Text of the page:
Does a local financial incentive scheme reduce inequalities in the delivery of clinical care in a socially deprived community? A longitudinal data analysis
BMC Family Practice volume 16, Article number: 61 (2015)
Socioeconomic deprivation is associated with inequalities in health care and outcomes. Despite concerns that the Quality and Outcomes Framework pay-for-performance scheme in the UK would exacerbate inequalities in primary care delivery, gaps closed over time. Local schemes were promoted as a means of improving clinical engagement by addressing local health priorities. We evaluated equity in achievement of target indicators and practice income for one local scheme.
We undertook a longitudinal survey over four years of routinely recorded clinical data for all 83 primary care practices. Sixteen indicators were developed that covered five local clinical and public health priorities: weight management; alcohol consumption; learning disabilities; osteoporosis; and chlamydia screening. Clinical indicators were logit transformed from a percentage achievement scale and modelled allowing for clustering of repeated measures within practices. This enabled our study of target achievements over time with respect to deprivation. Practice income was also explored.
Higher practice deprivation was associated with poorer performance for five indicators: alcohol use registration (OR 0.97; 95 % confidence interval 0.96,0.99); recorded chlamydia test result (OR 0.97; 0.94,0.99); osteoporosis registration (OR 0.98; 0.97,0.99); registration of repeat prednisolone prescription (OR 0.98; 0.96,0.99); and prednisolone registration with record of dual energy X-ray absorptiometry (DEXA) scan/referral (OR 0.92; 0.86,0.97); practices in deprived areas performed better for one indicator (registration of osteoporotic fragility fracture (OR 1.26; 1.04,1.51). The deprivation-achievement gap widened for one indicator (registered females aged 65–74 with a fracture referred for a DEXA scan; OR 0.97; 0.95,0.99). Two other indicators indicated a similar trend over two years before being withdrawn (registration of fragility fracture and over-75 s with a fragility fracture assessed and treated for osteoporosis risk). For one indicator the deprivation-achievement gap reduced over time (repeat prednisolone prescription (OR 1.01; 1.01,1.01). Larger practices and those serving more affluent areas earned more income per patient than smaller practices and those serving more deprived areas (t = −3.99; p =0.0001).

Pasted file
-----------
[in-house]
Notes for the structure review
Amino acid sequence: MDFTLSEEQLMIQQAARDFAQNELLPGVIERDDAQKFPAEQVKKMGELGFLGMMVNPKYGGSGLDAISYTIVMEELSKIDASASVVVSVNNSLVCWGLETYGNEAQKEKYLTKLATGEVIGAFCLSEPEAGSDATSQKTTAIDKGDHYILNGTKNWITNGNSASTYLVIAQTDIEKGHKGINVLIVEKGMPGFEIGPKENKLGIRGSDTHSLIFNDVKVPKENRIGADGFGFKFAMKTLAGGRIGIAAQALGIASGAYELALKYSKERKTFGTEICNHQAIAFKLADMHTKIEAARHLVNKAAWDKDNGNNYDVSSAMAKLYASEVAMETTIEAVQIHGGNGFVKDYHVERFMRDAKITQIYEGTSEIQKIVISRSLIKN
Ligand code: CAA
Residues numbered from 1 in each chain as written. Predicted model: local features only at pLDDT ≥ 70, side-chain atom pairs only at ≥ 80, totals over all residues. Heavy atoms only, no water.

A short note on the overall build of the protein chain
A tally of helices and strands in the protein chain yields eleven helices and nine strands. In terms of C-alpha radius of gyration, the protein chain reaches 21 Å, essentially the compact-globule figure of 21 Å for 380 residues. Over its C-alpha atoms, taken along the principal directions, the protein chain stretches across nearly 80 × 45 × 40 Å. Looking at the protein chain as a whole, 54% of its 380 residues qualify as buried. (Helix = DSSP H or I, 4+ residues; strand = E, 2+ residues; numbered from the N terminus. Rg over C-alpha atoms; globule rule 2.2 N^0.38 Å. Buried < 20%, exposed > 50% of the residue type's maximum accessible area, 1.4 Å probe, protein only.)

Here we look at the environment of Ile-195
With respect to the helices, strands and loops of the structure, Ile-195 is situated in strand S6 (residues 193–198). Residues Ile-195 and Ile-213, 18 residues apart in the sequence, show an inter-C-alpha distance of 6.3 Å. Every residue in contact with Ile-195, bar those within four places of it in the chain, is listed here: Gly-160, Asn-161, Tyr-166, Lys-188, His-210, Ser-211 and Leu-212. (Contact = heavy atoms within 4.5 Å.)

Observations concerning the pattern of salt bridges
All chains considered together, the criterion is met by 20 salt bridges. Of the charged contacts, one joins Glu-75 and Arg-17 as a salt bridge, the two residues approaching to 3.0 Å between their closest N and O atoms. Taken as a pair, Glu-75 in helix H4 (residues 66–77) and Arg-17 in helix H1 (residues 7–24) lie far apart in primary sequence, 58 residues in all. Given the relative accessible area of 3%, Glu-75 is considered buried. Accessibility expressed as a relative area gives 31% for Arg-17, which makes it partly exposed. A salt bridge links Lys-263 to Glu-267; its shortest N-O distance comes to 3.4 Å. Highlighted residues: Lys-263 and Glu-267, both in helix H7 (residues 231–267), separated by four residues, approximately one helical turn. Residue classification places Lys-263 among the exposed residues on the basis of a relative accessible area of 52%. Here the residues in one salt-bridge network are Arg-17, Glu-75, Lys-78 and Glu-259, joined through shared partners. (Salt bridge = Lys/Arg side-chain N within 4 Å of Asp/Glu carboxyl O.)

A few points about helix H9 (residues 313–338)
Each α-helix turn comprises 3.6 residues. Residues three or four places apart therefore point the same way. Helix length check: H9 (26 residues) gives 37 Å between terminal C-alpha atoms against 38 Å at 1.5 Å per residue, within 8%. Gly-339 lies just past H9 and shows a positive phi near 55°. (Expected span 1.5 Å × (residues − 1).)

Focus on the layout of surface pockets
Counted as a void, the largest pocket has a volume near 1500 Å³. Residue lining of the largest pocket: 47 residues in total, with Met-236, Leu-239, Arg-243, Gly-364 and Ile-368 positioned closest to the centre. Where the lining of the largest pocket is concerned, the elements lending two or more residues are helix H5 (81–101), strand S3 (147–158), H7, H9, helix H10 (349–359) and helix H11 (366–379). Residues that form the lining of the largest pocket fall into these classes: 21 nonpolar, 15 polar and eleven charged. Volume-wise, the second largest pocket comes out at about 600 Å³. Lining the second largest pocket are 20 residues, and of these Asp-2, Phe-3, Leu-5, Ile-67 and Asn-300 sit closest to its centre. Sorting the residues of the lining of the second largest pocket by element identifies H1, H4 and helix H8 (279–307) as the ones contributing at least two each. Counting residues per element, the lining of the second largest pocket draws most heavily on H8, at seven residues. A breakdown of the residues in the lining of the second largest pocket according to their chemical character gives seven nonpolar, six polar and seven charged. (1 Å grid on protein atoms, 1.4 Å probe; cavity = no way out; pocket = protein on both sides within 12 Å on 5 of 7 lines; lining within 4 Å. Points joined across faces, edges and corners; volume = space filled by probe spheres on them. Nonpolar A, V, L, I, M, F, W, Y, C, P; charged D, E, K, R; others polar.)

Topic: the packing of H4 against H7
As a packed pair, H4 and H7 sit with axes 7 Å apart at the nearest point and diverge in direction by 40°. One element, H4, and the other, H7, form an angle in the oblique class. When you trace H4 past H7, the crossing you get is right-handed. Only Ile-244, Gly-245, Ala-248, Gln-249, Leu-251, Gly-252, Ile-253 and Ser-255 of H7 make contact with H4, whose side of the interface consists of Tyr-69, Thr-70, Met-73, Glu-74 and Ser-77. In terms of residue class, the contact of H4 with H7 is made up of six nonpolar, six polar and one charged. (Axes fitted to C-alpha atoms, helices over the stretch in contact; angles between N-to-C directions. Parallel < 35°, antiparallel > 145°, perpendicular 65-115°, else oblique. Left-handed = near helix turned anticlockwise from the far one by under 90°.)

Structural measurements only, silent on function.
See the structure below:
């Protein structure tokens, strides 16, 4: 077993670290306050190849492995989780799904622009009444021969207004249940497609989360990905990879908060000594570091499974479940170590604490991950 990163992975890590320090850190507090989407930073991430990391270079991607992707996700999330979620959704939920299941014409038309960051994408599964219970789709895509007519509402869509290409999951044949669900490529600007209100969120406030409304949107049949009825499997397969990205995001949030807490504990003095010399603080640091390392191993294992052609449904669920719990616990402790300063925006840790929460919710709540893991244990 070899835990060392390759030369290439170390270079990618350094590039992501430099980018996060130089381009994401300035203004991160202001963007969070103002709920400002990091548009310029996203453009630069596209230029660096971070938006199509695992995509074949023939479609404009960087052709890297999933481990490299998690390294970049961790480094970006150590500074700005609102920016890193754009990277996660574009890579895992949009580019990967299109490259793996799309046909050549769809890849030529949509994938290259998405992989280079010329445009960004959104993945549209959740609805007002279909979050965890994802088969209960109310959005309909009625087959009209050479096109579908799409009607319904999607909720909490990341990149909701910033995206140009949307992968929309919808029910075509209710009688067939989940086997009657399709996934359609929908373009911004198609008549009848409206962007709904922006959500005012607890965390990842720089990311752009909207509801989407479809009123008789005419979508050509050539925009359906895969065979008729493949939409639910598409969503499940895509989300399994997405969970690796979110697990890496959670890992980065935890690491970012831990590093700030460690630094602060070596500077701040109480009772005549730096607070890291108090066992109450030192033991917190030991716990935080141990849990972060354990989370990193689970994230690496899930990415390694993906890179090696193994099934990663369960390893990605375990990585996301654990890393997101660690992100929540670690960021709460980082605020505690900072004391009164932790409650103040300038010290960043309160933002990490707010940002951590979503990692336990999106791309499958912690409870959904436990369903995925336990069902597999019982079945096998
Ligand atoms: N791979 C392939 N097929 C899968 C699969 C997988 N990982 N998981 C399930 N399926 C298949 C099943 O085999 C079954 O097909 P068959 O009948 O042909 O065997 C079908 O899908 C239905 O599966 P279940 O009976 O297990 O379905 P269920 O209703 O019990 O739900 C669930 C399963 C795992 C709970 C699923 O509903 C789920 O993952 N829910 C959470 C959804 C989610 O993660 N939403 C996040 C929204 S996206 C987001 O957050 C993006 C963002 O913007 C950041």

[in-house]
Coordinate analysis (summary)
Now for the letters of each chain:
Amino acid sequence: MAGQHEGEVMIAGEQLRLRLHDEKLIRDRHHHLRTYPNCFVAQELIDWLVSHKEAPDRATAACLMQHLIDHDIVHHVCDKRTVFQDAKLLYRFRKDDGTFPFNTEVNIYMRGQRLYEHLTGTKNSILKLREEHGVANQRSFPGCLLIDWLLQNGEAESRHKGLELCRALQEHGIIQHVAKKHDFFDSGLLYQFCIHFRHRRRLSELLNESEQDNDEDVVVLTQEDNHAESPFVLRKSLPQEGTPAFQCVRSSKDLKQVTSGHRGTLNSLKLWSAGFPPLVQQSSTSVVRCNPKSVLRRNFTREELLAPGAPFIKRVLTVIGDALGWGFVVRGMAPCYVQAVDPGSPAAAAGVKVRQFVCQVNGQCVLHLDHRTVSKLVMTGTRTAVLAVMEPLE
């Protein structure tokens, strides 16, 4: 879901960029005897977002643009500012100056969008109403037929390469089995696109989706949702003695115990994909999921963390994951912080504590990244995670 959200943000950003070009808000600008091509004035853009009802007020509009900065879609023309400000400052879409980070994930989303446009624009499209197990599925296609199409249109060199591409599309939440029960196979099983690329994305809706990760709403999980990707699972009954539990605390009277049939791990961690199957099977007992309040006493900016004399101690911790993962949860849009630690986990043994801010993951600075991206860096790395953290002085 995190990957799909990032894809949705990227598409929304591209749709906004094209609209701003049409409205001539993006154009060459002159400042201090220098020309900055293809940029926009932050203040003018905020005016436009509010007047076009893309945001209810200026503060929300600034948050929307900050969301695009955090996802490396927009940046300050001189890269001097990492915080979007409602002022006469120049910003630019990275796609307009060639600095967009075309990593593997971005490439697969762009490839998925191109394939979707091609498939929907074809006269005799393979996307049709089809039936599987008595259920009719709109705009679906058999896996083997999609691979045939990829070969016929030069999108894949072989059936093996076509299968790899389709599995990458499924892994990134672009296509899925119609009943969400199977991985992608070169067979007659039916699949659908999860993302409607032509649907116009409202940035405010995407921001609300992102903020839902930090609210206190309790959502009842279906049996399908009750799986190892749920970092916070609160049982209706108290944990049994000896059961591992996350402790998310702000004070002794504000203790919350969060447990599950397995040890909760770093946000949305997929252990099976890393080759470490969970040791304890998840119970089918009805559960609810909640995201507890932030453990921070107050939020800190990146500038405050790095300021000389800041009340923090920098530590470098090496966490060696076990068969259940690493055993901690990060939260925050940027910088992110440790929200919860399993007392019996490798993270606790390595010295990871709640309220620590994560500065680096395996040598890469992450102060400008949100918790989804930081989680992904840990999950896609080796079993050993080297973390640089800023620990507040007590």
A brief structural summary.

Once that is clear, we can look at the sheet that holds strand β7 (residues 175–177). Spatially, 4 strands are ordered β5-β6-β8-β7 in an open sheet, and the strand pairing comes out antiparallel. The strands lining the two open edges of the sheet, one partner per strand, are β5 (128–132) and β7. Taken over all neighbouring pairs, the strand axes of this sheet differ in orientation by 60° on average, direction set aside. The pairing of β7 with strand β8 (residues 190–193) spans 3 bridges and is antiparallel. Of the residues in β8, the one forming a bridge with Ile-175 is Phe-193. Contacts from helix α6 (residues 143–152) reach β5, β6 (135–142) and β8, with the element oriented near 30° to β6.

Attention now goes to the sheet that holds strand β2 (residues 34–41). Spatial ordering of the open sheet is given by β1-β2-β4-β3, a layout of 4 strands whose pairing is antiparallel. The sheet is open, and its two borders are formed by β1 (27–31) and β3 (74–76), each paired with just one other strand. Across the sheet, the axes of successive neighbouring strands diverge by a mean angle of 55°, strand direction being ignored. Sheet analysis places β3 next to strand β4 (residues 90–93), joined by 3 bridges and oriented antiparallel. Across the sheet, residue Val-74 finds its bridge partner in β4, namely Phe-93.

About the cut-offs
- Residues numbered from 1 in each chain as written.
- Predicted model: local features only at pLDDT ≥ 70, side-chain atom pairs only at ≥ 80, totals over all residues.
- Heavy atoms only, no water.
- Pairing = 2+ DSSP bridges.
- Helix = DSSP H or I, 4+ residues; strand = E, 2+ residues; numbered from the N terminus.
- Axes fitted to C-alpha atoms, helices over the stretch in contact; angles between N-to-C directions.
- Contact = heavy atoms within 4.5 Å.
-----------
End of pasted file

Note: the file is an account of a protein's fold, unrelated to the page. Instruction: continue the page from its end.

Any gaps in achievement between practices were modest but mostly sustained or widened over the duration of the scheme. Given that financial rewards may not reflect the amount of work undertaken by practices serving more deprived patients, future pay-for-performance schemes also need to address fairness of rewards in relation to workload.
There are widely recognised inequalities in the delivery of primary care, often associated with socioeconomic deprivation [1, 2]. The UK Government made tackling health inequalities an explicit health service priority with the specific aim of improving life expectancy in areas with the worst health and deprivation [3, 4]. The UK Quality and Outcomes Framework (QOF) represents the most substantial initiative within primary care to improve quality and eliminate unacceptable variations in healthcare . It is based upon the premise that financial incentives attached to quality indicators can improve practice and reduce inequalities in healthcare provision. Other healthcare systems have adopted or considered similar initiatives [6–12].
Evidence on the effectiveness of pay-for-performance in primary care is mixed at best [13–15], and is associated with a range of unintended consequences, such as encouraging a ‘tick box’ culture , undermining professional autonomy and internal motivation , and causing conflict between members of practice staff . In addition, there are concerns that such schemes exacerbated inequalities in the delivery of care; practices serving deprived populations achieved lower levels of performance , received less generous financial rewards , and potentially inappropriately excluded more patients than those serving more affluent populations .
Longitudinal analyses suggest that there were initially gaps in achievement between practices in deprived and affluent areas, but that these closed over time. Doran et al. examined the relationship between socioeconomic inequalities and overall achievement for 48 of the national Quality and Outcomes Framework clinical indicators during the first three years of the scheme’s implementation . National achievement rates increased over the period, and the gap in median achievement narrowed from 4.0 % to 0.8 % between practices in the most and least deprived areas. Ashworth et al. analysed data for blood pressure monitoring and control indicators over the same period, finding that the gaps in achievement rates between practices in affluent and deprived areas had almost closed by the third year of the scheme . A systematic review of largely observational studies concluded there was weak evidence that pay-for-performance reduced inequalities in chronic disease management between socioeconomic groups .